Everything is political in some way..both good and bad; but, POPULAR MECHANICS rarely ventures into politics in an overt way. However, in the November 2014 issue on innovation, they did list congress critters who stand in the way of innovation and those who promote innovation. You can find the details of the good and the not so good by buying the magazine. It might be worth subscribing to it. The article is on pages 36-46, I guess the trite editorialists in South Dakota might put this under their cheers and hisses silly categories.
Those politicians listed as "holding us back" are Sen. Rand Paul, R -KY, Sen. Ted Cruz, R--Texas, Sen Mark Begich, D-Alaska, Rep Louie Gohmert, R--Texas, Rep David Valadao, R-Calif. The shortsighted perspective of these guys involves global warming, high speed rail opposition, and irrelevant arguments related to research.
Those politicians listed as "The Innovation Fifteen" include in the US House: Eric Swalwell, D-Calif, Bill Foster, D-Illinois, Joe Kennedy, D-Mass, Fred Upton, R-Mich, Tom Reed, R-NYork, Eddie Johnson, D-Texas, and Peter Welch, D--Vermont, Bill Foster for example is the only physicist in congress and one of the few scientists. Others have been advocates of maintaining research funding.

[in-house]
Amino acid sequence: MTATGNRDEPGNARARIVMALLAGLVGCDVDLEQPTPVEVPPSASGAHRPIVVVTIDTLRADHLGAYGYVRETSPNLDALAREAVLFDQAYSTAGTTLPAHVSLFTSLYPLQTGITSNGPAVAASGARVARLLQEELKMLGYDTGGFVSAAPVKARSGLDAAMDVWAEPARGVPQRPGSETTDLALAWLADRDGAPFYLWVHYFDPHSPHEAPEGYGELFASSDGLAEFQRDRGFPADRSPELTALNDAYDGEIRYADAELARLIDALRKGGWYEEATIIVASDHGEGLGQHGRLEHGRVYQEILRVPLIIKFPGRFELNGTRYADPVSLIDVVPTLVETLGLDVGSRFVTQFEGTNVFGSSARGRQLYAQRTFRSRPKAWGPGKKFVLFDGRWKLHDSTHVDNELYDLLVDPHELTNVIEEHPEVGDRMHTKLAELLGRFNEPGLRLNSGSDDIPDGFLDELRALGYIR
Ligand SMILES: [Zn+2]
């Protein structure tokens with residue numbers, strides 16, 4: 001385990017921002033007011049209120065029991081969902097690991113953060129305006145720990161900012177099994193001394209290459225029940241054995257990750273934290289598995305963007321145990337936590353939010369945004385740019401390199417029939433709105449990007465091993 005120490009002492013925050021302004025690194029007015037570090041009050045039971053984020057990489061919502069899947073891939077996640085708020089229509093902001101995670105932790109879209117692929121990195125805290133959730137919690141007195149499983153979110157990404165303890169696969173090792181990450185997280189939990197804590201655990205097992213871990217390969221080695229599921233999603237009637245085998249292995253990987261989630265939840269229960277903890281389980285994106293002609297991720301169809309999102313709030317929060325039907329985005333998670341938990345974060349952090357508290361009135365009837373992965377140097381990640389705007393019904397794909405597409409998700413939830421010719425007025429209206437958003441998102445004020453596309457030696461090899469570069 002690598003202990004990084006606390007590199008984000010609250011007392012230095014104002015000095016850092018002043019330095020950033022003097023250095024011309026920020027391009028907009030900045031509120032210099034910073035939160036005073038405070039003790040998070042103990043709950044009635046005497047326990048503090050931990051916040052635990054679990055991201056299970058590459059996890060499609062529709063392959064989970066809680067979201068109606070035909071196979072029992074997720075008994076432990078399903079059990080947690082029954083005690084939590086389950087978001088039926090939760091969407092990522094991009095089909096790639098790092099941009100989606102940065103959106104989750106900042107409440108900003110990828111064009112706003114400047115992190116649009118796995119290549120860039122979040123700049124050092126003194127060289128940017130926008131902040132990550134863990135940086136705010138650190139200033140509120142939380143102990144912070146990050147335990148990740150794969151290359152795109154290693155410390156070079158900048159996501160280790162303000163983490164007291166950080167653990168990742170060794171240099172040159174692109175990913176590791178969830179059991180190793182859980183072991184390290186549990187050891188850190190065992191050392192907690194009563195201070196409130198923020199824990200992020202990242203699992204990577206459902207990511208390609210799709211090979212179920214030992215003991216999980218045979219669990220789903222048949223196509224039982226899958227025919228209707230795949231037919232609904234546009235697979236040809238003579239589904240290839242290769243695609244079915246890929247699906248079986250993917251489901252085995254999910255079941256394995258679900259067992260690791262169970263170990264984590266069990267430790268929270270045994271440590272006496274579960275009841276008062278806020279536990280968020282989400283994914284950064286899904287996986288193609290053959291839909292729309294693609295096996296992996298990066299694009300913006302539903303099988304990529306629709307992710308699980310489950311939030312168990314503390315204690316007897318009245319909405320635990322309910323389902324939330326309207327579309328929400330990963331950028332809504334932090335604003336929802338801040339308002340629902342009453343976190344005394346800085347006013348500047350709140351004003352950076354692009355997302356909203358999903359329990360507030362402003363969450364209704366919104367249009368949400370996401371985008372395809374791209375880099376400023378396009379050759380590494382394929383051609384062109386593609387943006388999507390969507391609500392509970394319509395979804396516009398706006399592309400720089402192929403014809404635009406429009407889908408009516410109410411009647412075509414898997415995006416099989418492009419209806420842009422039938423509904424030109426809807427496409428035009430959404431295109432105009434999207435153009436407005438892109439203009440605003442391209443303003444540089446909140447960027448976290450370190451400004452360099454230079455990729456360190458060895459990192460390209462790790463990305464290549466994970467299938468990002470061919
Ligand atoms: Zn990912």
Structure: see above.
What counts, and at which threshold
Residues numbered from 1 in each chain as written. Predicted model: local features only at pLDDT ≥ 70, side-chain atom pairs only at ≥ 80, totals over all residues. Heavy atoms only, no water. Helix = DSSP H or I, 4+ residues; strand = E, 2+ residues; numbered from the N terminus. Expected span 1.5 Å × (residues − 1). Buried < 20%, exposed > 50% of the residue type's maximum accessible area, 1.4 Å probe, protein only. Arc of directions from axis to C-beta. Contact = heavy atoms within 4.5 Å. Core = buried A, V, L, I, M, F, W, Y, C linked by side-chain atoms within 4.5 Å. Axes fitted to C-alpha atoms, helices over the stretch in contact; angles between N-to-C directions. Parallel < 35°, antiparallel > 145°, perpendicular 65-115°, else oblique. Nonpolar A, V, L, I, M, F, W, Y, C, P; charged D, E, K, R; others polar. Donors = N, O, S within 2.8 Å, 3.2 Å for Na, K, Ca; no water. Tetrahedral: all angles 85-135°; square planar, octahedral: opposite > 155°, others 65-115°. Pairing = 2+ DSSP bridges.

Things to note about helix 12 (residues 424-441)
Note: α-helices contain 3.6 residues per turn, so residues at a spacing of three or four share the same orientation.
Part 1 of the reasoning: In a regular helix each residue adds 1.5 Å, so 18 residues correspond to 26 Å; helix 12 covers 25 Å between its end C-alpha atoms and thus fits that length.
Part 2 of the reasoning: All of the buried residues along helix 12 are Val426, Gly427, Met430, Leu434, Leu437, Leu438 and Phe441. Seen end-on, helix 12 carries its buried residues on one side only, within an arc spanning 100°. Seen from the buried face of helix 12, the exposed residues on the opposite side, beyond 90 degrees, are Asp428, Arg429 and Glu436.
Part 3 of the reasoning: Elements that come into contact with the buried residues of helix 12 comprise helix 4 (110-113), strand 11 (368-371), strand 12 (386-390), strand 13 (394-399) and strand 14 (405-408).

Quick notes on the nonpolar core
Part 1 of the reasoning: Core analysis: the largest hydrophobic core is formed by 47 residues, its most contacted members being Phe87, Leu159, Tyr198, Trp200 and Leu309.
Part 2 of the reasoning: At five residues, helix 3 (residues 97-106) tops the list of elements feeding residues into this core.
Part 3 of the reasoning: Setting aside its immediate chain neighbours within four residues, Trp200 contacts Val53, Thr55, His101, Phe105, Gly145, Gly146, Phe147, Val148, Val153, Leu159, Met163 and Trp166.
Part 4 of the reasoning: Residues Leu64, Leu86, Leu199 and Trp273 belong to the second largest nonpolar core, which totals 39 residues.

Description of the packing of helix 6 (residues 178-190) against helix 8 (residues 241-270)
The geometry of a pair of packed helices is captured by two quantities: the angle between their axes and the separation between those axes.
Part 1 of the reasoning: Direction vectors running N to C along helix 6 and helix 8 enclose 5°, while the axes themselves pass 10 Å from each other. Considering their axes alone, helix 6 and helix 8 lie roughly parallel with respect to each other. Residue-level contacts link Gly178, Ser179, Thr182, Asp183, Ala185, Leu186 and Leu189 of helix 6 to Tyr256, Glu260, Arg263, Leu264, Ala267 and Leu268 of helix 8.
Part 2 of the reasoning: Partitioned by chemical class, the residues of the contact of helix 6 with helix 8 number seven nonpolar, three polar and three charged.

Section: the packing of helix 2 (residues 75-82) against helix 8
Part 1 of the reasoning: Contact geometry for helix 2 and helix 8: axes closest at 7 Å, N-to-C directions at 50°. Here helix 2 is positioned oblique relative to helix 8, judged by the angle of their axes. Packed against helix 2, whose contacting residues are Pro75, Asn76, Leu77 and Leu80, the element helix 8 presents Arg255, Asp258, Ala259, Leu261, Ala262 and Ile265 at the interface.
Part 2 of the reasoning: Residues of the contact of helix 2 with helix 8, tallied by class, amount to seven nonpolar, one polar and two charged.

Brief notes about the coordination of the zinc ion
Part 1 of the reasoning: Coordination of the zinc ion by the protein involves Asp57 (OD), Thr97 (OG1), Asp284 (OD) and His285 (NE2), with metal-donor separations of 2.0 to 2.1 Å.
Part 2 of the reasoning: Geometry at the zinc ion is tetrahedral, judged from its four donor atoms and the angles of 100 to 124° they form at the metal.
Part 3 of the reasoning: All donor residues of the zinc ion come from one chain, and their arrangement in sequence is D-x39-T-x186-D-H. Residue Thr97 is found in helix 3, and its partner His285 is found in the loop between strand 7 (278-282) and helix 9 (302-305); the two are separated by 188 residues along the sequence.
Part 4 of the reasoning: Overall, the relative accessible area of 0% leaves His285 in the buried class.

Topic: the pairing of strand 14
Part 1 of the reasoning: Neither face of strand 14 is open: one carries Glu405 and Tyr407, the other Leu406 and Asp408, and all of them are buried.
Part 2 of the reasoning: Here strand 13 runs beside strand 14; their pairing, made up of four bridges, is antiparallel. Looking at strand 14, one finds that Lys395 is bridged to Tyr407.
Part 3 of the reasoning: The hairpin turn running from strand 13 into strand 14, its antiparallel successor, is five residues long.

Those politicians listed as "The Innovation Fifteen" include in the US Senate: Chris Coons, D--Deleware, Marco Rubio, R-Florida, Dick Durbin, D--Illinois, Barbara Mikulski, D-Maryland, Cory Booker, D-New Jersey, Sharrod Brown, D--Ohio, Rob Portman, R-Ohio, and Patty Murray, D--Washington. The contributions of these include pushing for energy efficiency funding and legislation, promoting innovation forums aimed at developing startup culture beyond Silicon Valley, Support for NASA and the National Science Foundation.
I have some doubts about the value of lists like this, but I do find it interesting that Popular Mechanics finds it relevant to study Congress to find innovators and obstructors. Our economy, health, and better living all depend on innovators.
*** Stay tuned, federal and state governments can innovate. Give them ideas for better science and education that neither shrinks nor expands "big government"-- Doug Wiken.